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 Review archive:  # a b c d e f g h i j k l m n o p q r s t u v w x y z

Linda Catlin Smith - Dirt Road [Another Timbre - 2016]

Dirt Road offers a collection of 15 untitled tracks for a violin & percussion. Sound wise this is mostly skeletal, stark & minimal fare- bringing to mind either Feldman at his more pared-back, barren & angular, or mournful European string music. This is very much autumnal, or winter music- so the monochrome picture of a empty country road on the front cover seems most apt.

Linda Catlin Smith is  a American composer in Toronto, Canada, and most notable she became only the second woman to win the Jules Léger Prize for New Chamber Music in 2005.  She has been composing work since the 1980’s, and has recorded work for Orchestra, chamber, strings, baroque instruments, piano & vocal.


The fifteen tracks here are played by Mira Benjamin - Canadian violinist, researcher and new-music instigator. And Birmingham  based Simon Limbrick- who has worked all over the world as a  much sort after & respected percussionist. Togeather the pair create a mostly pared-back, stark, yet sometime melodic & always moody sonic universe- that it’s as considered as it is bleakly inviting.

Runtime time wise the tracks fall between two & nine minute mark. Benjamin’s violin work moves from slowly shrill & angular, onto to lonesome & felt, through to mournful & sourly sombre. Limbrick utilizes a mix of considered- to-more- darkly vibrate vibe hits, rustling metal percussion, clunking & bleak gong work, to stark & spaced-out  percussive hits. The pair play together very well, balancing well their own space in the compositions, atmosphere, and mood. At times they play together, then at others apart, or standing alone. Through-out all of the albums length is certainly a more stark feel/ setting to most of the tracks, though that doesn’t mean there isn’t variation- in either of the pairs playing, the pace of the tracks, or the mood.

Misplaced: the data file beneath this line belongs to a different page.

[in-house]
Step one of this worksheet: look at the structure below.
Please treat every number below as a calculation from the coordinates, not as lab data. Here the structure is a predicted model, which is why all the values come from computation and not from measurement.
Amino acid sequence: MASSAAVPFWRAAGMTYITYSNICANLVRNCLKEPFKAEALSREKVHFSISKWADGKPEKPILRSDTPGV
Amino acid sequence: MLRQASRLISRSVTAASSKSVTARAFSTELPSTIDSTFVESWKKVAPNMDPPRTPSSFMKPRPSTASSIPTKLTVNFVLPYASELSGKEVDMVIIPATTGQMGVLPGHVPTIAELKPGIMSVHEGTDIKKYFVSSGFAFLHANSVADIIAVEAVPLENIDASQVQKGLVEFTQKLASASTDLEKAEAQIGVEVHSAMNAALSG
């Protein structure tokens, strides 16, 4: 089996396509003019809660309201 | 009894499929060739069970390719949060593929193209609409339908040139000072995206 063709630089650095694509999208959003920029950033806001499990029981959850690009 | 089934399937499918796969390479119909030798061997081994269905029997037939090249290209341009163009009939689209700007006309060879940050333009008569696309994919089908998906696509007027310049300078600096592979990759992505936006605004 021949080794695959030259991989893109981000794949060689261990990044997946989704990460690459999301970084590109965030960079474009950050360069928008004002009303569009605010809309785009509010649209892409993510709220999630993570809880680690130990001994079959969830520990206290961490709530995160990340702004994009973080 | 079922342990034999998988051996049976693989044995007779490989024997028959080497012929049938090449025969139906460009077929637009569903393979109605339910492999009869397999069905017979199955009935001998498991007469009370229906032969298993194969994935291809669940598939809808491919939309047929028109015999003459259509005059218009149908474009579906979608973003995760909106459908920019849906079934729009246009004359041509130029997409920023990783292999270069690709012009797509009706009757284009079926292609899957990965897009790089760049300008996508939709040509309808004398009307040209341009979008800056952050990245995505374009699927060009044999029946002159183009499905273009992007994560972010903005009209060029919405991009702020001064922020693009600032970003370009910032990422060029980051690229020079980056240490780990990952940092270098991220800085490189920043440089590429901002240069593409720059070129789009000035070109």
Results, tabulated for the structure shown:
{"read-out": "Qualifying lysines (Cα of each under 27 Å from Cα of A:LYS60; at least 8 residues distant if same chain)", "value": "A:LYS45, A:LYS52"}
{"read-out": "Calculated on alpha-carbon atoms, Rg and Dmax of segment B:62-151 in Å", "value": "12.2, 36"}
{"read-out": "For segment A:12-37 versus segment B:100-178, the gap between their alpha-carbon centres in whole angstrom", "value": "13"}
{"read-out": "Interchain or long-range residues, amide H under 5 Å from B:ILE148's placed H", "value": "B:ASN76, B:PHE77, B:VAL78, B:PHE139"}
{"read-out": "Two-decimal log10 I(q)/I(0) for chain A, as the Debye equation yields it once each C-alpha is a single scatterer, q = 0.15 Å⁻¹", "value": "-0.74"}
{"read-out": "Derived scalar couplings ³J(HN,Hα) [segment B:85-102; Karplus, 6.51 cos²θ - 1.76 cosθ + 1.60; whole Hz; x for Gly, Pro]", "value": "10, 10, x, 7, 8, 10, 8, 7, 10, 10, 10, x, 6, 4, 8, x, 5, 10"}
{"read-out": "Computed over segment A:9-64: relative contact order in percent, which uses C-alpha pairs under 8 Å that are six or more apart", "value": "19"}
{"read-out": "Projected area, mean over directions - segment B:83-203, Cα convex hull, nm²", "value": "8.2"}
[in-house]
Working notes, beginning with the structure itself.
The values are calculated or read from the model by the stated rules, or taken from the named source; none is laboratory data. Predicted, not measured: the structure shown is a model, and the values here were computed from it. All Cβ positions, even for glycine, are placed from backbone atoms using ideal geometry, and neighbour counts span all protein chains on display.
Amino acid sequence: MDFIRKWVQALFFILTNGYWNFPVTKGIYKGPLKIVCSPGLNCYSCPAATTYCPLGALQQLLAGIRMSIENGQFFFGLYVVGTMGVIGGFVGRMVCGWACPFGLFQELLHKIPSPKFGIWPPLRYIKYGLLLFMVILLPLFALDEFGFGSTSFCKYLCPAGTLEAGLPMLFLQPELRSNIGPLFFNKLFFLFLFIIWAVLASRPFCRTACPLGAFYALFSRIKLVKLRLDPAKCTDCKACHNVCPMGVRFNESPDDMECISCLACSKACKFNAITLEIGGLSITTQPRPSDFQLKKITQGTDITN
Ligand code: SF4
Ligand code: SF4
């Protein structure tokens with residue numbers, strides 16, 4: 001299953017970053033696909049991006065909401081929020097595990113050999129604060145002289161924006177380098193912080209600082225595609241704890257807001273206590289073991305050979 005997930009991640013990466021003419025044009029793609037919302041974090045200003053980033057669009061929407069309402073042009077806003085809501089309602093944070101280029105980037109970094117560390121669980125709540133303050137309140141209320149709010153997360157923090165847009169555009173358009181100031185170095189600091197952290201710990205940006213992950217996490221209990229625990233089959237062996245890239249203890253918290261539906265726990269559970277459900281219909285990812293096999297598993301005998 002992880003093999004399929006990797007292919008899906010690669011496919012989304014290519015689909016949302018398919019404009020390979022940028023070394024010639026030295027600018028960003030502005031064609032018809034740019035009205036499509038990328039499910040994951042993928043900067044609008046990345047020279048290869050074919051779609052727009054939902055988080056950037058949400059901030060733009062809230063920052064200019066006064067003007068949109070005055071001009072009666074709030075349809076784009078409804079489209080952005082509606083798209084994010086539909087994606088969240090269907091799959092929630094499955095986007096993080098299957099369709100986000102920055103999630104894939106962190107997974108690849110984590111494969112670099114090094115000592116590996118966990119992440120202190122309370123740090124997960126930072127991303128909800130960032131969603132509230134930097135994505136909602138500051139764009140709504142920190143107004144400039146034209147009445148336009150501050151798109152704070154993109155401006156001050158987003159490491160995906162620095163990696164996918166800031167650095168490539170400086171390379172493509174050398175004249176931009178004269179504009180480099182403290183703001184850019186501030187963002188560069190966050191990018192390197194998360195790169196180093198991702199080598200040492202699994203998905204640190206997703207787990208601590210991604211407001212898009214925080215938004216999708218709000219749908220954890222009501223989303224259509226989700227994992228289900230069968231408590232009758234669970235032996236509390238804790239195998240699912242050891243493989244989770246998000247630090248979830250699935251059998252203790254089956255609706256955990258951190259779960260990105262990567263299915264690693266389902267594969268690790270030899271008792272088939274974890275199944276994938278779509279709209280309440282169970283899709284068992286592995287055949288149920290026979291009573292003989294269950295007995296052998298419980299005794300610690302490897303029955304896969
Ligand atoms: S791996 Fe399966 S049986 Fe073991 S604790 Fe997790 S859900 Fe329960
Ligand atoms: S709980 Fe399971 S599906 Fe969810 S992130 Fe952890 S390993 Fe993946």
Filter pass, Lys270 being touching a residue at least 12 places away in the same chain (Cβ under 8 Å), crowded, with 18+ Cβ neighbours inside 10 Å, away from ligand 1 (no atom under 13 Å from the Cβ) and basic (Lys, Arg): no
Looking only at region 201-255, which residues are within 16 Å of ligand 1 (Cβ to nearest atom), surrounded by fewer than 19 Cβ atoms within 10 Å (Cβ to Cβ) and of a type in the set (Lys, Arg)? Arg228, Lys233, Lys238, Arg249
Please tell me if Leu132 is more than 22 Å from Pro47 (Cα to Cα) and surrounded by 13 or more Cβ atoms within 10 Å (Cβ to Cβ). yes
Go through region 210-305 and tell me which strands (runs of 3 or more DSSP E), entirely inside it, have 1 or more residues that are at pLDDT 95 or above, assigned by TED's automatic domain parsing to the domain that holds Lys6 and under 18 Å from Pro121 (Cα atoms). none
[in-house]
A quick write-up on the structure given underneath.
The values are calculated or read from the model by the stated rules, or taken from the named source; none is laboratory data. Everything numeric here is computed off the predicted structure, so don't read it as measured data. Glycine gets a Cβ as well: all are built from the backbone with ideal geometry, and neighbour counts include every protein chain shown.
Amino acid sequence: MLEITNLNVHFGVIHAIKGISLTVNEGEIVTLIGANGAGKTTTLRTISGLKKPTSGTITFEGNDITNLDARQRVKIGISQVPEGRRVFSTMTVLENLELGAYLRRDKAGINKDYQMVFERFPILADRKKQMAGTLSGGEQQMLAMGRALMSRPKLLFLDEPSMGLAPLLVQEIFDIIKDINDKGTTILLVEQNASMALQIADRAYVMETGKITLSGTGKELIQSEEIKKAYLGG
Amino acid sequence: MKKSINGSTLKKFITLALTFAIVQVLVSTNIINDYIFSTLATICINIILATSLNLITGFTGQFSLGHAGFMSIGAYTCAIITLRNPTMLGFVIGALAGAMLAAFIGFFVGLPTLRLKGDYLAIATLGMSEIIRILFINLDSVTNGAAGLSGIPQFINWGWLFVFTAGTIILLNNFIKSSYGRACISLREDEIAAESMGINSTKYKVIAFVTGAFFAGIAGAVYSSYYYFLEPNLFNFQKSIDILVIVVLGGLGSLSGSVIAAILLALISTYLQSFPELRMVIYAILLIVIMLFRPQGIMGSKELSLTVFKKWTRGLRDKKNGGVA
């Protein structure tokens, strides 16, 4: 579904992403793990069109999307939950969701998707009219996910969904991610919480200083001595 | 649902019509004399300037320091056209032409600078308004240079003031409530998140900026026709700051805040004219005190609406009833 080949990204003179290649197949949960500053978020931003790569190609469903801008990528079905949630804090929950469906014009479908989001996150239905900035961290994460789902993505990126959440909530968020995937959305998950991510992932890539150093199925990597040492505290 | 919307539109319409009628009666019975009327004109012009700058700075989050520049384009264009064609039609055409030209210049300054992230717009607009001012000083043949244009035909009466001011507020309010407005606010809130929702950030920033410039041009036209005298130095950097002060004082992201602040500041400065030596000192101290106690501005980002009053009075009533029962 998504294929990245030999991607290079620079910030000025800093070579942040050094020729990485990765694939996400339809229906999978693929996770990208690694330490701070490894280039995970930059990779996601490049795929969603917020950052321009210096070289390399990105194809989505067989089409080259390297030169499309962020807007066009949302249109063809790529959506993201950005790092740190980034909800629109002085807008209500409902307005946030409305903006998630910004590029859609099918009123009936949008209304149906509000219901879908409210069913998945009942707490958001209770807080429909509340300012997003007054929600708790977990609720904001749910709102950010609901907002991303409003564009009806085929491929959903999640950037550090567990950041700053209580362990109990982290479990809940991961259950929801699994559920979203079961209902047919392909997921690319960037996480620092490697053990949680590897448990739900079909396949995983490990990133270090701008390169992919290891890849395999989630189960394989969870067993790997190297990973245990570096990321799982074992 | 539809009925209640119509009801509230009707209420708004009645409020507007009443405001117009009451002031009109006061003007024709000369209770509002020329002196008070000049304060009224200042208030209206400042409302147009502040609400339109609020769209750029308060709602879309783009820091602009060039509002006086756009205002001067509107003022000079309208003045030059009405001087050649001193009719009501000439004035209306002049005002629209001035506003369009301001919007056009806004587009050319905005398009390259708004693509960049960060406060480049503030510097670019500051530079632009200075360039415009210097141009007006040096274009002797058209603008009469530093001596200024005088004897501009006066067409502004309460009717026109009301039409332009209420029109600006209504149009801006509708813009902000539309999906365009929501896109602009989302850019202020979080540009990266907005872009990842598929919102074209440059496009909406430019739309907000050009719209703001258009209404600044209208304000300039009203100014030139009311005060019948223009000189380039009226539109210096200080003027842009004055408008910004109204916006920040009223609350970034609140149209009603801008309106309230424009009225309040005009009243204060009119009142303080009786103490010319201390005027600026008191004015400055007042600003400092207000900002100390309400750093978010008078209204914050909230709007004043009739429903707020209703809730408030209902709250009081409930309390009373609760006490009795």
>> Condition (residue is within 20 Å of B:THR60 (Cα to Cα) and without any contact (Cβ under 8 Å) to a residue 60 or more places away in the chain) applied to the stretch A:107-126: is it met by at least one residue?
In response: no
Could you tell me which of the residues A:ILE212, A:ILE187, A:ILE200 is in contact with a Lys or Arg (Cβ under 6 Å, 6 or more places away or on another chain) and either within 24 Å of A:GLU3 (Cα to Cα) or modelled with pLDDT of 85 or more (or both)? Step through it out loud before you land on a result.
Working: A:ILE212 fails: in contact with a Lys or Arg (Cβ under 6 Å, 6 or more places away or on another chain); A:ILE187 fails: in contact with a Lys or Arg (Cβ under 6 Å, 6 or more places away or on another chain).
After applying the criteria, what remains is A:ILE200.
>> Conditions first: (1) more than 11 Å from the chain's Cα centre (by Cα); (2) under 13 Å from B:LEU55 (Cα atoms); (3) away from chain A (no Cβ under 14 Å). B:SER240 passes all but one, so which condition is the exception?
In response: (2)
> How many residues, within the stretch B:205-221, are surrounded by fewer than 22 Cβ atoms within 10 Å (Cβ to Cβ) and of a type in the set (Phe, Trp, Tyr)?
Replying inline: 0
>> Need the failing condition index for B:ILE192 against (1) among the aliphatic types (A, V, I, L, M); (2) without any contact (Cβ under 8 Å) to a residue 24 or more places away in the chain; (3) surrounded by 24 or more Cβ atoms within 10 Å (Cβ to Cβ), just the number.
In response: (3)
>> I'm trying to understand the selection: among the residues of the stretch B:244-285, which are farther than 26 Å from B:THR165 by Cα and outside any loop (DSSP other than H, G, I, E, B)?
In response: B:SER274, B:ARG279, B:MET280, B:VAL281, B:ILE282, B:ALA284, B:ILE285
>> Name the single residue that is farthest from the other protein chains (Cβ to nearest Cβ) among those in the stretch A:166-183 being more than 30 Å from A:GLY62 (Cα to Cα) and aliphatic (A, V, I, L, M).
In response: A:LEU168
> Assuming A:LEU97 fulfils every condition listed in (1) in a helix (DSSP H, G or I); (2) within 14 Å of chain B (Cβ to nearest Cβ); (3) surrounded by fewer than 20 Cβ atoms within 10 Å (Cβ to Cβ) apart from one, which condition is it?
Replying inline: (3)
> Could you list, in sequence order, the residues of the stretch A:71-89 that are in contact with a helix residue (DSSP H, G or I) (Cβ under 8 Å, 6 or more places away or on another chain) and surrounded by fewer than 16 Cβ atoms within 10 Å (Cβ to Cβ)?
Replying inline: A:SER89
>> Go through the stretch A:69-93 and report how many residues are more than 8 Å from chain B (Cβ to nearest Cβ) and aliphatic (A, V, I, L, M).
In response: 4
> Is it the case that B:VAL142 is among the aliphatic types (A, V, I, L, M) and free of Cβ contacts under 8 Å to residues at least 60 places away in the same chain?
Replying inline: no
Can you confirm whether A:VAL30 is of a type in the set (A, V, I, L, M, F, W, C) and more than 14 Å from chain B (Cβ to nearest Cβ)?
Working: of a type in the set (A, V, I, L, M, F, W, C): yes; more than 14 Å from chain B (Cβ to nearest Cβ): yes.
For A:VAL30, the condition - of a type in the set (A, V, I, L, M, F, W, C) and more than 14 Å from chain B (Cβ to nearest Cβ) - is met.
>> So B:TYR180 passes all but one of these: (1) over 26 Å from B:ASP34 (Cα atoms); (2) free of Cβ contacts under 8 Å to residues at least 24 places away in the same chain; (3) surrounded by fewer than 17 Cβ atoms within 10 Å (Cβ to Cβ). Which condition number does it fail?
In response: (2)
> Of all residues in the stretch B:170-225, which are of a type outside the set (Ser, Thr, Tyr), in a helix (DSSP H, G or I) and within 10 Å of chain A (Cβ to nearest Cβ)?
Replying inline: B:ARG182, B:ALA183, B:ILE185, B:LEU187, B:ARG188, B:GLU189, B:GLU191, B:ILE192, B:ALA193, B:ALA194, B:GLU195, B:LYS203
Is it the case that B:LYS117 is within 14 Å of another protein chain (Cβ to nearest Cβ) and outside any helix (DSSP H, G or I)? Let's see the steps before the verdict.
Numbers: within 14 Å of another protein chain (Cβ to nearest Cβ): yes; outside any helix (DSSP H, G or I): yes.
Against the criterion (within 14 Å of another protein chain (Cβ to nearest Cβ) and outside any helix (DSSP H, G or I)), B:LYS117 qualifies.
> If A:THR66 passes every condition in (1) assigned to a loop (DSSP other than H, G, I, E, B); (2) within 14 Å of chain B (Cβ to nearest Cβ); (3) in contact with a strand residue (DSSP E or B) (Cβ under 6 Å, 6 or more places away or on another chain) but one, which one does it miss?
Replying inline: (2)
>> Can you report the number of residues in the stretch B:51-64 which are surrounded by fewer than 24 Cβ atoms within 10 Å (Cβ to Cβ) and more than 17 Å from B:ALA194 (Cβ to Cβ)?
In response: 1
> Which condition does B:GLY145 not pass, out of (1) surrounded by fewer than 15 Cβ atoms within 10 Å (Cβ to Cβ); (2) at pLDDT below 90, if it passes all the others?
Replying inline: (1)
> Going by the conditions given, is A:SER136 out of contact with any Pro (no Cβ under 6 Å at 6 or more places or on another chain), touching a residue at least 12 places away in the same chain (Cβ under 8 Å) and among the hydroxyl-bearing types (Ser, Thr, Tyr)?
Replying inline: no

All in all Dirt Road offers up a rewarding & starkly moody collection of often skeletal modern composition/ sonic minimalism. That is  seemingly primed prefect for misty half-lit days, bone archly cold mornings, and stark autumnal showers.

Rating: 3 out of 5Rating: 3 out of 5Rating: 3 out of 5Rating: 3 out of 5Rating: 3 out of 5

Roger Batty
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